COASTAL SANITATION

Ensuring sanitation for all by limiting the discharge of wastewater

The United Nations’ development agenda lays out as one of its goals to “ensure access to water and sanitation for all”.

The design criteria of urban sanitation systems have undergone an important change due to society’s growing concern with protecting the environment.

This concept has been gradually modified to the point that now, sanitation activities must be framed as part of a larger system, that of the water cycle, in which aspects such as the hydraulic operation of sewers, or ensuring that the environment into which the effluent of the system is discharged is not polluted, are of greater importance.

IHCantabria has developed a design methodology for sanitation that relies on the use of mathematical models to analyze how sewage and storm drain systems evolve over time in both drainage systems and environmental media. This method is also based on the development of quality criteria to assess the impact of discharges on the environment. This methodology was first applied in Spain where, in keeping with European Community environmental requirements, a number of sanitation and discharge systems were designed (Gijón, Avilés, San Sebastián, Santander, Bilbao, A Coruña, Vigo, etc.), some of which have been in operation for more than 20 years, meeting the environmental protection goals for which they were conceived.

This experience was subsequently exported to other areas of the world, such as Costa Rica, Azerbaijan, Croatia and Uruguay.

Currently, IHCantabria’s experience in this field is being applied to studies of natural risks and urban development, such as those financed by the Inter-American Development Bank (IDB) in cities like Tegucigalpa (Honduras) and Cumaná (Venezuela), where environmental and health problems associated with a lack of sanitation limit the cities’ development potential.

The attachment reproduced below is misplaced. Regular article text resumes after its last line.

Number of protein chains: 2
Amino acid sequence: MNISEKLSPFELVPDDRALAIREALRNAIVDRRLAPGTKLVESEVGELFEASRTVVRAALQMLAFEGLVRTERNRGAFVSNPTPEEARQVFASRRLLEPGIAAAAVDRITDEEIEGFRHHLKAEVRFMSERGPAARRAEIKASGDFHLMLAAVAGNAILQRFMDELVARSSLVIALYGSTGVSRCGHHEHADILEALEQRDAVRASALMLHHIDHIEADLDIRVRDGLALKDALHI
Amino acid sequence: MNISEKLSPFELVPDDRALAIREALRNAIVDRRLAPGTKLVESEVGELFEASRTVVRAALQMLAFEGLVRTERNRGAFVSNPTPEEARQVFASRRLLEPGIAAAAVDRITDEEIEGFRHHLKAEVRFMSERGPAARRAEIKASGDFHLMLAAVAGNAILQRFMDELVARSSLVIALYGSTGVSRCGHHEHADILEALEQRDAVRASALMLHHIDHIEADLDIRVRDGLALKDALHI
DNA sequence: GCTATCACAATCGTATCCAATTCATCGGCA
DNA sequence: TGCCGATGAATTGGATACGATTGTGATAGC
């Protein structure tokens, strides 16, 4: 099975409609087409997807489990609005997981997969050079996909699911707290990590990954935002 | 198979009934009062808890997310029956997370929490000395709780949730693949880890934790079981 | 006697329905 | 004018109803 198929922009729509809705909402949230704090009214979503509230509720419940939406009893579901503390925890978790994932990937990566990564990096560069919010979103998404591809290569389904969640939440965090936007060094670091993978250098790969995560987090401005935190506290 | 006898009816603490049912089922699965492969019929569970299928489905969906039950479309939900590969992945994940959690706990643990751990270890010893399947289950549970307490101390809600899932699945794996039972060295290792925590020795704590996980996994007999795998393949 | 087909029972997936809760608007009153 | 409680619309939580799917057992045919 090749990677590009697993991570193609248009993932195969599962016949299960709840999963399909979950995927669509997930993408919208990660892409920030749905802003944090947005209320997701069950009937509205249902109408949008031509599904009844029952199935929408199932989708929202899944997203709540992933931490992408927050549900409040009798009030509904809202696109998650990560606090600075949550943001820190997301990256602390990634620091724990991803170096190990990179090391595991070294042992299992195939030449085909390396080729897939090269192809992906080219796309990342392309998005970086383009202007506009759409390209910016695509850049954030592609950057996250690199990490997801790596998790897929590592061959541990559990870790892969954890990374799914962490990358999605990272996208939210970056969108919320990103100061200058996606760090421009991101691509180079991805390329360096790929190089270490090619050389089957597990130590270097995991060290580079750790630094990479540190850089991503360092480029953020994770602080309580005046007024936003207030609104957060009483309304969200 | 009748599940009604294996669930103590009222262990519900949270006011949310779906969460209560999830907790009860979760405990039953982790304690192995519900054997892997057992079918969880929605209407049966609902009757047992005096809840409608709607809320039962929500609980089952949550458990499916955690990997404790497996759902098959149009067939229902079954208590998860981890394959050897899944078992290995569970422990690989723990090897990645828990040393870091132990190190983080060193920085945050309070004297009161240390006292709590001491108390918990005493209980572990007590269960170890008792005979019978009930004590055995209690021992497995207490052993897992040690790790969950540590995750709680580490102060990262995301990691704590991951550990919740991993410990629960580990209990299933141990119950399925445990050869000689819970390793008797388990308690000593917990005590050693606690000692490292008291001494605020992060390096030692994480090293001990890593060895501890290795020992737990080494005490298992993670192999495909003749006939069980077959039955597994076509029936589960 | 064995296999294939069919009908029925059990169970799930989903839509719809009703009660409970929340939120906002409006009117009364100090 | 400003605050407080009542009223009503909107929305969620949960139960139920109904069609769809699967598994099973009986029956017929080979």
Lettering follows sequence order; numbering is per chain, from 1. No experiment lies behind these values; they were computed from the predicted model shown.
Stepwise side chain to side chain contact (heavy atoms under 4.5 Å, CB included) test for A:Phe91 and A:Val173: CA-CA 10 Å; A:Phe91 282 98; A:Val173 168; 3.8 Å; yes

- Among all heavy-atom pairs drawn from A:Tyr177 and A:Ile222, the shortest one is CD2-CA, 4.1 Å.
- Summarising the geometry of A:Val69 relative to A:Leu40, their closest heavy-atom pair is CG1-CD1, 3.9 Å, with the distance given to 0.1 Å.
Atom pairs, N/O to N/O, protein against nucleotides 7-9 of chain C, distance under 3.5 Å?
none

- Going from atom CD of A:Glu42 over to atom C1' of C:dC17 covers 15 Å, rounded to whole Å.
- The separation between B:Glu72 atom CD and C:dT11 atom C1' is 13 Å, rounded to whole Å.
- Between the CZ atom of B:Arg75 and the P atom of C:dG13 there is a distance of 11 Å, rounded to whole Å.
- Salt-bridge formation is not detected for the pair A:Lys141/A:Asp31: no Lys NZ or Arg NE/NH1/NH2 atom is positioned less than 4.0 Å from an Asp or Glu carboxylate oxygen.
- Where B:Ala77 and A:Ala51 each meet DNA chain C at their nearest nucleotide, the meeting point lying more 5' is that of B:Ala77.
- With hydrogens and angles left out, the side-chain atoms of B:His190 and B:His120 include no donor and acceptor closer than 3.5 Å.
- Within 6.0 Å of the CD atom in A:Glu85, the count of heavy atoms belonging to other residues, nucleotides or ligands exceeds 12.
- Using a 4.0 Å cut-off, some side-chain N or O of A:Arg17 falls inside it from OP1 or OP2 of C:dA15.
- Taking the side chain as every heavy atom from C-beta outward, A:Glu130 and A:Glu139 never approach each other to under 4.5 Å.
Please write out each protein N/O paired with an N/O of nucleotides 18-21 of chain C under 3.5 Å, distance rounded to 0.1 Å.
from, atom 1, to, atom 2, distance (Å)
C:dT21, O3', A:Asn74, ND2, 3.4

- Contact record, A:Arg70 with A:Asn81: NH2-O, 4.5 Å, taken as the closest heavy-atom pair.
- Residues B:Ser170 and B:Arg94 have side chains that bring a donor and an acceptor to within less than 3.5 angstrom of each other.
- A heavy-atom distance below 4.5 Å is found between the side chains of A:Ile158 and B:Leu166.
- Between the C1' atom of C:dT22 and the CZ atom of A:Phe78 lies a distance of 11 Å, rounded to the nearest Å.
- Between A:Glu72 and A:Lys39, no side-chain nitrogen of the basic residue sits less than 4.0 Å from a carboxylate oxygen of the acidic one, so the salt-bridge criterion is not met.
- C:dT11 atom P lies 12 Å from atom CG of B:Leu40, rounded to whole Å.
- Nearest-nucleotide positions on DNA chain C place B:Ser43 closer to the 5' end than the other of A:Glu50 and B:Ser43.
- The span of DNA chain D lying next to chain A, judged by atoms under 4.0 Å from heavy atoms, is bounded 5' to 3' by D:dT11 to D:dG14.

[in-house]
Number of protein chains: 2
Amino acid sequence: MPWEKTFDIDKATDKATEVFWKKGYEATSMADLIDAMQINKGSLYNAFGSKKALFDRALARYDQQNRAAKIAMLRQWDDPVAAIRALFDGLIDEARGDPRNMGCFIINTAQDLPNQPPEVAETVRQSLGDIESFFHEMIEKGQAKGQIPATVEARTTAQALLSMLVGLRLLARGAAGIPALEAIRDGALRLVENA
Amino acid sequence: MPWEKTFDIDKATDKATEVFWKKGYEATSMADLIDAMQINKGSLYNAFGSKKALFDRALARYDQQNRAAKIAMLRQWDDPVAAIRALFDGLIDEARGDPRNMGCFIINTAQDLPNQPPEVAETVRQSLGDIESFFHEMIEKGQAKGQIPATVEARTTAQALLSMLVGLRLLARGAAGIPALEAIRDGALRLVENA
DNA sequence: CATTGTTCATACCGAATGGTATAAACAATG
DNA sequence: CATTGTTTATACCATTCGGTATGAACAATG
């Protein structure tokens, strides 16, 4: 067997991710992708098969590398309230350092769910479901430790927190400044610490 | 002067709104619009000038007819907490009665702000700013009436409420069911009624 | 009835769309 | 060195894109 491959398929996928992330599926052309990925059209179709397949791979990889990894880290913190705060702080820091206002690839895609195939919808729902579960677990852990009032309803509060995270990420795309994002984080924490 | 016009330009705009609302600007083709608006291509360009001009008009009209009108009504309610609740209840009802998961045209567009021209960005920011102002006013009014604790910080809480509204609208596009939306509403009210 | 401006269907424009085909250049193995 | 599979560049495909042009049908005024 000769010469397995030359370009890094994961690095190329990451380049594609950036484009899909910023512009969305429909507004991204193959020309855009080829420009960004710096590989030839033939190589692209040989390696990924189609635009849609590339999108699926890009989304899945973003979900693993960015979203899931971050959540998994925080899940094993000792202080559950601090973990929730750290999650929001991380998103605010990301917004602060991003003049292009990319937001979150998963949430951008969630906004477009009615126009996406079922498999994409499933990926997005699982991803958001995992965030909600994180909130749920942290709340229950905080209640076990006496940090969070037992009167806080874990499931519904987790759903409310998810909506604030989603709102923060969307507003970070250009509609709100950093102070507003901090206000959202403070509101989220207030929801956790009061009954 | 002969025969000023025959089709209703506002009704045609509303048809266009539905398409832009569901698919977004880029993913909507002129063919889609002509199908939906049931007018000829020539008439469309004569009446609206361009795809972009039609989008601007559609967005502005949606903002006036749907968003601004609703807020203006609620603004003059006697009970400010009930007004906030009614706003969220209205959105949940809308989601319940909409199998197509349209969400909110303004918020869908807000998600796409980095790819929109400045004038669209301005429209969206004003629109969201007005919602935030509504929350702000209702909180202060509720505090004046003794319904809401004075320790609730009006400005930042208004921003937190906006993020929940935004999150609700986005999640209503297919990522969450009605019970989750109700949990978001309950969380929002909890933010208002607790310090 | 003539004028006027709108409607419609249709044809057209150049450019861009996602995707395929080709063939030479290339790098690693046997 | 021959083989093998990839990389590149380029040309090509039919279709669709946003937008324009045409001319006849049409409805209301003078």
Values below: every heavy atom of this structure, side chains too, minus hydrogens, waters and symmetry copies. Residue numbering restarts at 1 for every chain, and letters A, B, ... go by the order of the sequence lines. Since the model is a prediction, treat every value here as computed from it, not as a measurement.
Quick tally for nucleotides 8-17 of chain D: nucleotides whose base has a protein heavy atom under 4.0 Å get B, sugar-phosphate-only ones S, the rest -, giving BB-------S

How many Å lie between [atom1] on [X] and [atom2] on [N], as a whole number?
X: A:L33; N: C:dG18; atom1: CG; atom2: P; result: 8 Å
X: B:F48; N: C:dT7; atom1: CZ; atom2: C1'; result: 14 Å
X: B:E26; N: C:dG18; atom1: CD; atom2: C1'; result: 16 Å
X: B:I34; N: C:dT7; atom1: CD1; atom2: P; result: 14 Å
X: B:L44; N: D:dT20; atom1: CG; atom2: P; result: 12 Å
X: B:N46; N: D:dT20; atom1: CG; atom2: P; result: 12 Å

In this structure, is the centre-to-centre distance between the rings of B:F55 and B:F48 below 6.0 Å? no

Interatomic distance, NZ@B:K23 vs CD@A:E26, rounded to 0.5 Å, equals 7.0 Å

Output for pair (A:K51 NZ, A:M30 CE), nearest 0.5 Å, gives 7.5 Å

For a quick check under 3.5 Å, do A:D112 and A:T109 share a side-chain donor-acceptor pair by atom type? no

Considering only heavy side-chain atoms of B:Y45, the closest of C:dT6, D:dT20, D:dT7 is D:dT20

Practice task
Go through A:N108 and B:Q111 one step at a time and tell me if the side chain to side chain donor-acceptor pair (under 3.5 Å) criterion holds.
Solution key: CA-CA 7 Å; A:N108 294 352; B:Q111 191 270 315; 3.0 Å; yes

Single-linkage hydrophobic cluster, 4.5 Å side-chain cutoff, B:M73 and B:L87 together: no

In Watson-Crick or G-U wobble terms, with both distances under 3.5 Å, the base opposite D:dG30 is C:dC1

This concept has been gradually modified to the point that now, sanitation activities must be framed as part of a larger system, that of the water cycle, in which aspects such as the hydraulic operation of sewers, or ensuring that the environment into which the effluent of the system is discharged is not polluted, are of greater importance.

IHCantabria has developed a design methodology for sanitation that relies on the use of mathematical models to analyze how sewage and storm drain systems evolve over time in both drainage systems and environmental media. This method is also based on the development of quality criteria to assess the impact of discharges on the environment. This methodology was first applied in Spain where, in keeping with European Community environmental requirements, a number of sanitation and discharge systems were designed (Gijón, Avilés, San Sebastián, Santander, Bilbao, A Coruña, Vigo, etc.), some of which have been in operation for more than 20 years, meeting the environmental protection goals for which they were conceived.

This experience was subsequently exported to other areas of the world, such as Costa Rica, Azerbaijan, Croatia and Uruguay.

Currently, IHCantabria’s experience in this field is being applied to studies of natural risks and urban development, such as those financed by the Inter-American Development Bank (IDB) in cities like Tegucigalpa (Honduras) and Cumaná (Venezuela), where environmental and health problems associated with a lack of sanitation limit the cities’ development potential.

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